How many decisions do you make each day? You’d be surprised at the number.
Research tells us that we make 100’s of decisions each day just about food!
In the first few minutes of the day I made decisions about:
- Getting out of bed (I did sleep in as planned)
- Brushing my teeth
- Having a cup of coffee
- Making a list of people I had to call
- Changing out of my pajamas
- Exercising (or not)
- Reviewing reports
- Eating Breakfast (or not)
- Reading my email (or wait knowing that once I start I’m deciding to go through them, and make all the decisions necessary to respond)
That was the first few minutes of a non-working day with no meetings or conference calls. A day to relax, write, and catch-up. All those decisions (relax, write, catch-up) were made in advance of the day!
But then there are the countless choices we make every day to turn right or left, have vanilla or chocolate, say yes or no.
And I find that I often spend more time reflecting on the decisions I’ve made after the fact, rather than consciously choosing to decide based on my own requirements.
Does this sound familiar? If so I have a question for both of us.
Is our decision-making on automatic?
And if so, how do we switch our choosing mechanism from automatic to manual so we actually can weigh in on the decisions we make rather than letting our obsolete programming decide for us? For more on this see, Upgrade Your Thought Factory.
Or maybe we gave up years ago that any decision could be different that would increase our enjoyment of life, or enrich our relationships, or profoundly affect our fulfillment.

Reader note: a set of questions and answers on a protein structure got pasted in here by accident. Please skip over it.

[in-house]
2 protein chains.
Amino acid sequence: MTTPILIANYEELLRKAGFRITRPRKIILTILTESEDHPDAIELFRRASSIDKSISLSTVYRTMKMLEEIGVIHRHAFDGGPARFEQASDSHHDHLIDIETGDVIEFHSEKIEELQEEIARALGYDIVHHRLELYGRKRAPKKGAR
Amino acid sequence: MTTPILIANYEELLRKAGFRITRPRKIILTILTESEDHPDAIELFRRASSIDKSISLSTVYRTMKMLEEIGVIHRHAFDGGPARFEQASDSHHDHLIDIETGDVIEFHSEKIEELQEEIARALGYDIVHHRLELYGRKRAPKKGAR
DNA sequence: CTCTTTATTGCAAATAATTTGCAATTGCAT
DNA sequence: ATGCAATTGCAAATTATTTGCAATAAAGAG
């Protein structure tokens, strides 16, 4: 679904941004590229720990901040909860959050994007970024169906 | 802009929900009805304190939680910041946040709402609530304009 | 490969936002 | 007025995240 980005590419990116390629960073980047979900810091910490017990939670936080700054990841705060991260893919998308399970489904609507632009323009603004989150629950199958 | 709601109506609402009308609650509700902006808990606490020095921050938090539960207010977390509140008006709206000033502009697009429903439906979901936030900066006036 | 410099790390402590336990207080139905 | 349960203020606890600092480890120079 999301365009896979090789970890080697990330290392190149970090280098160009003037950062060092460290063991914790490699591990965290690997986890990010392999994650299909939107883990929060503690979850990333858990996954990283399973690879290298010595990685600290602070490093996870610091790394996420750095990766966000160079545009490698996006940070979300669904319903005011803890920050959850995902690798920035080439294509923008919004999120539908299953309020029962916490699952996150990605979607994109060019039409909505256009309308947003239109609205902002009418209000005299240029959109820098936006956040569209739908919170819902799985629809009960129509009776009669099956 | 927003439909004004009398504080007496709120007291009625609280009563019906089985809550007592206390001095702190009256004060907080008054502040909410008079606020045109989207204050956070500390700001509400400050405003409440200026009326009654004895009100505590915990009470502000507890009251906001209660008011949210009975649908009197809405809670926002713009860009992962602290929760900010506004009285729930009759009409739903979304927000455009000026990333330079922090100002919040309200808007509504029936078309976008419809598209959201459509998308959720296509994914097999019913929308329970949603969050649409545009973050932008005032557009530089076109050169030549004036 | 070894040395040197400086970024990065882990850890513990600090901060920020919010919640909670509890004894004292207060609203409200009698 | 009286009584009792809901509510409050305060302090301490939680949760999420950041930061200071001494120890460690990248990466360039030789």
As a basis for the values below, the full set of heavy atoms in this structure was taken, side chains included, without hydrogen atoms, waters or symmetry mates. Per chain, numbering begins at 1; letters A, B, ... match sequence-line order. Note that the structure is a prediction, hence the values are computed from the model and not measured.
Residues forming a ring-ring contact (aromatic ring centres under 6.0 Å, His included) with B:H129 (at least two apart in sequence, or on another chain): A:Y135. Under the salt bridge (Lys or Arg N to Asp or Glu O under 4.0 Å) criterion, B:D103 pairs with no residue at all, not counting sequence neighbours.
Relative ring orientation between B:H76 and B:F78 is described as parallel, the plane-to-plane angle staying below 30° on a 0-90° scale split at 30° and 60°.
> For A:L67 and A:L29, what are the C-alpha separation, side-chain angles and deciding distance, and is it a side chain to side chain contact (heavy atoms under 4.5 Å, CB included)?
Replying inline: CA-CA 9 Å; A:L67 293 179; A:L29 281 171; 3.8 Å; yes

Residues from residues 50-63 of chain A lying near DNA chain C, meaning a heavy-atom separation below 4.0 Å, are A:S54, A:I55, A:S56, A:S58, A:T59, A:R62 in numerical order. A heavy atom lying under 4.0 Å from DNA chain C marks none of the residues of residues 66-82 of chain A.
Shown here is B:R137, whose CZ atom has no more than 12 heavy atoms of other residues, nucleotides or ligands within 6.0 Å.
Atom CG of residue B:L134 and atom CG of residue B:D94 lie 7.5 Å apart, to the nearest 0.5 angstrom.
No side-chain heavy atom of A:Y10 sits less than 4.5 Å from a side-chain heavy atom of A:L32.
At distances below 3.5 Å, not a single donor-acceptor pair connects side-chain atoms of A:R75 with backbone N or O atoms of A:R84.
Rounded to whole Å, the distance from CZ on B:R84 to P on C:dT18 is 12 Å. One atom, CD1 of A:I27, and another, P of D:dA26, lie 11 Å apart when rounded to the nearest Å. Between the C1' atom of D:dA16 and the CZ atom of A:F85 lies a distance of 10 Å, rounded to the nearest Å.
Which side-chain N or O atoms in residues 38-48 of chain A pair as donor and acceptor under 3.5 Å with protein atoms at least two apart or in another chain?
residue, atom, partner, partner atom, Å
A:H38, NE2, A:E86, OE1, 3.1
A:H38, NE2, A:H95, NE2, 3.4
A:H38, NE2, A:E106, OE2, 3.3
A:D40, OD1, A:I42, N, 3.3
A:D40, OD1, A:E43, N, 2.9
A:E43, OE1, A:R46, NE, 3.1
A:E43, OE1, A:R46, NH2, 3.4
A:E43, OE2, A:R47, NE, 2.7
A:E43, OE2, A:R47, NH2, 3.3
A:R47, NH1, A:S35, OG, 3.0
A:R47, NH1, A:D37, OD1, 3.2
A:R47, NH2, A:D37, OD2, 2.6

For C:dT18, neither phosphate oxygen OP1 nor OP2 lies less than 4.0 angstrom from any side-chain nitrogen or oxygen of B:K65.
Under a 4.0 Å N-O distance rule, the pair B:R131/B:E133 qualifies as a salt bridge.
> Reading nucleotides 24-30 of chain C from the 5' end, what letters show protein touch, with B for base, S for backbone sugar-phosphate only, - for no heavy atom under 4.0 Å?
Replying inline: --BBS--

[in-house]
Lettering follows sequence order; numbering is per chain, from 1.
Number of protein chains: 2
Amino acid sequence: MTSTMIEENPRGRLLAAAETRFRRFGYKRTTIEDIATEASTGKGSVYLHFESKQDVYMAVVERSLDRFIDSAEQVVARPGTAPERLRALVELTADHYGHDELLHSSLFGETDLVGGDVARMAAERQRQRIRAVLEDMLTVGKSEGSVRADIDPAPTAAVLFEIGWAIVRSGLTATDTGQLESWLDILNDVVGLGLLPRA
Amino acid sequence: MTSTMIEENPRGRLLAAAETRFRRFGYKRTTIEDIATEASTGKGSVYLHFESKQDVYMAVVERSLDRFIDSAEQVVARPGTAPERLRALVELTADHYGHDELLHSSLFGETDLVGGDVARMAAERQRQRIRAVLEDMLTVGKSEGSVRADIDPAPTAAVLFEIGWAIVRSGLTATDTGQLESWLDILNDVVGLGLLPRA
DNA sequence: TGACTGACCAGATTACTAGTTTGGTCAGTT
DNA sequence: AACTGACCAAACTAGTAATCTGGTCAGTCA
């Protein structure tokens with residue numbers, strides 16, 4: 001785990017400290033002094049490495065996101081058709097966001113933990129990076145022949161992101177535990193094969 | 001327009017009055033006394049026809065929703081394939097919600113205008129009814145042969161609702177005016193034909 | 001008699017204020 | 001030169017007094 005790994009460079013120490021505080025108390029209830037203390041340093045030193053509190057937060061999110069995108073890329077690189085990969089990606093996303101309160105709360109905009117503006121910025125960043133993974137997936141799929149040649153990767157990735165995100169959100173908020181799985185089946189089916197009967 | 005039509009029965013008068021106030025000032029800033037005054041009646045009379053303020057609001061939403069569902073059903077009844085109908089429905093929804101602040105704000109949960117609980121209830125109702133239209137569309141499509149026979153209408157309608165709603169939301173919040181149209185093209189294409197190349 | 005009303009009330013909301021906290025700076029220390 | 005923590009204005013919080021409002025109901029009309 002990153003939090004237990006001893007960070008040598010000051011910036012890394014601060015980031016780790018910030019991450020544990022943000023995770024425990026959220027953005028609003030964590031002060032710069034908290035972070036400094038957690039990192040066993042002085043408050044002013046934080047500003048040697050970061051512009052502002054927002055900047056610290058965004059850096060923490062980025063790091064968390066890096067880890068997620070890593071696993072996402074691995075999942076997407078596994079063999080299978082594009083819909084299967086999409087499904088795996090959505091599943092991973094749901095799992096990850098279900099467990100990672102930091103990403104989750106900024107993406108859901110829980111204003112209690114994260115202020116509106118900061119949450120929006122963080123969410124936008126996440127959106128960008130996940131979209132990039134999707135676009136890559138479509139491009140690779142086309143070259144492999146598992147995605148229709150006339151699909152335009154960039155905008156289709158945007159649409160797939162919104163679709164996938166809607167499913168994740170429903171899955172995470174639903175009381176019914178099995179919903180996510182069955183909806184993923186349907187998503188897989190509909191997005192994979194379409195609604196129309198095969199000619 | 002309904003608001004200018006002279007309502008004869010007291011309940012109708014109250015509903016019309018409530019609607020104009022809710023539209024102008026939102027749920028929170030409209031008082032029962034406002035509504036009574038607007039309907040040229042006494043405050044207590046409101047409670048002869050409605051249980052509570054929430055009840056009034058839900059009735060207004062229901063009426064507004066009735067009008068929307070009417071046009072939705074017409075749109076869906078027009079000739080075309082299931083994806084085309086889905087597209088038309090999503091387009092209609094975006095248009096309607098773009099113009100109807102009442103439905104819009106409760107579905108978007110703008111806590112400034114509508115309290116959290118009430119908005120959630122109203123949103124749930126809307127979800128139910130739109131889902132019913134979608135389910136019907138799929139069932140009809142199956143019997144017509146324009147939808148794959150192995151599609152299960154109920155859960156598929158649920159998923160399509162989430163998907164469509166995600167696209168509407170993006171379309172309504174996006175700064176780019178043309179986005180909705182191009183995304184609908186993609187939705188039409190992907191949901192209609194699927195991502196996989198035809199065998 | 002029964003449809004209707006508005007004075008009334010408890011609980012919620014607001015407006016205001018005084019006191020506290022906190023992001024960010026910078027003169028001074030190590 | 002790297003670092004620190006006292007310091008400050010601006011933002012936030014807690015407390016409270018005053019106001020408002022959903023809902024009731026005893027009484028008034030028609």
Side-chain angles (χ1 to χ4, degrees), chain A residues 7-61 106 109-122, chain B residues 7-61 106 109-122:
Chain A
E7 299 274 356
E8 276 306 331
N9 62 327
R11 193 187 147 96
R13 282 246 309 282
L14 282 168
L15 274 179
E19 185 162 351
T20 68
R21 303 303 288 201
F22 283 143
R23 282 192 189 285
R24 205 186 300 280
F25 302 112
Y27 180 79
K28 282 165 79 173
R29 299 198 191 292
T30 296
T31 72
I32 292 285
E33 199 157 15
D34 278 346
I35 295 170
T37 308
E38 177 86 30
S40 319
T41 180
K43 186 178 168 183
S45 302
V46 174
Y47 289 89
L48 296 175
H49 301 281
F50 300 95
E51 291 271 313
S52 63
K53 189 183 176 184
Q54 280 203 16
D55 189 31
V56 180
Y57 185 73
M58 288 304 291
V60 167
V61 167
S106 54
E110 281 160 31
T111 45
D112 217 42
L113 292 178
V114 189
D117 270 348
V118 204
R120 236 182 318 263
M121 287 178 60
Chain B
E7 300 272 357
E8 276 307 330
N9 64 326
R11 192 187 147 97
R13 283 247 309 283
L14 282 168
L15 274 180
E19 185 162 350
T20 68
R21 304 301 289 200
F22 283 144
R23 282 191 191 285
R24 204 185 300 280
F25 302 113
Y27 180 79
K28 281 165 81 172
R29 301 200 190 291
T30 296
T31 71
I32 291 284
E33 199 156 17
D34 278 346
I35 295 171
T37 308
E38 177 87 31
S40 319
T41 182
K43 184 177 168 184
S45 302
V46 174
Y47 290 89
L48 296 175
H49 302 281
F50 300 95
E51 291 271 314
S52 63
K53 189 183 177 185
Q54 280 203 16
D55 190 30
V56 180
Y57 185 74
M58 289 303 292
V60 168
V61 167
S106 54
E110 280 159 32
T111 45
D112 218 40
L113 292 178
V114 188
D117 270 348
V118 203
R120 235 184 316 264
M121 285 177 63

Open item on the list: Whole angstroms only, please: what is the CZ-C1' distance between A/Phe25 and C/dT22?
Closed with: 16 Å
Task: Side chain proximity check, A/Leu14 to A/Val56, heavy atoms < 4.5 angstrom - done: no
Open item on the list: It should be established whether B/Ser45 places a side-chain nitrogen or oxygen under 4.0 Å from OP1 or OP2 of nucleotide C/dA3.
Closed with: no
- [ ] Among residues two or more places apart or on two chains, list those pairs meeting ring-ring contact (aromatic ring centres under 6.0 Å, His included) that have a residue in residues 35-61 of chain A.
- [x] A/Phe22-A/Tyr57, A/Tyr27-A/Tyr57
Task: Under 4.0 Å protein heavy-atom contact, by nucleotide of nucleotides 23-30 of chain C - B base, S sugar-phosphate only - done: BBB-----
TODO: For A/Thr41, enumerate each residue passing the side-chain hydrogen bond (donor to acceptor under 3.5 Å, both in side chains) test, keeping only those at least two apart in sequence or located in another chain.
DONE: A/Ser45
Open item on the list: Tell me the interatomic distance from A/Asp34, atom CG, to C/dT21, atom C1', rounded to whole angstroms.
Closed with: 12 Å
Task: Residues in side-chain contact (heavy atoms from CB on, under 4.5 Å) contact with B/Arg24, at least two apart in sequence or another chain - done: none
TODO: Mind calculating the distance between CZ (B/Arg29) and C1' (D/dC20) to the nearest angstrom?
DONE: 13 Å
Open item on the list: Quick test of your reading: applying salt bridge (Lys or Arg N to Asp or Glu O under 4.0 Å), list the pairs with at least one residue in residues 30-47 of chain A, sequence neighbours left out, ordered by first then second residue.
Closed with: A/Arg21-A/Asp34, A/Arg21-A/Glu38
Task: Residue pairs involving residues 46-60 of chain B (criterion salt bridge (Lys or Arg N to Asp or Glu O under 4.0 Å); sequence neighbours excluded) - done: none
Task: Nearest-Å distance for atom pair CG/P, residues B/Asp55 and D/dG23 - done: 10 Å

It’s often only after a breakdown in health, wealth or happiness that we decide to alter our course. And just as often, as soon as the crisis ends, we’re back on automatic.
Let’s switch from automatic to manual with the decisions we make now, and practice making fulfilling choices in areas that matter.
To enhance the practice of interrupting automatic decisions in the moment of choosing, consider the following:
- It takes effort to wake up. Wake up sleepy head, it is effort that wins the game.
- It takes attention. It’s attention that brings you present to the moment of choice.
- It takes love. It’s love of self and others that brings balance rather than force, choice rather than a have-to.
- It doesn’t take any time. Choice is a timeless state.
- It doesn’t require any commitment. Commitment may get you started, but it doesn’t sustain you. Fulfillment is what sustains a decision.
- It doesn’t require agreement. What you’re deciding is who you are being when observed, and when no one is looking.
Make decisions this week that bring balance and fulfillment. Remember no one is forcing you to make the choices you’re deciding.
Be alert to your choices. If that’s all you do, your decisions will alter without you doing anything.
Awareness itself is the teacher.
My love goes with you as you work with this Uplifting Moment.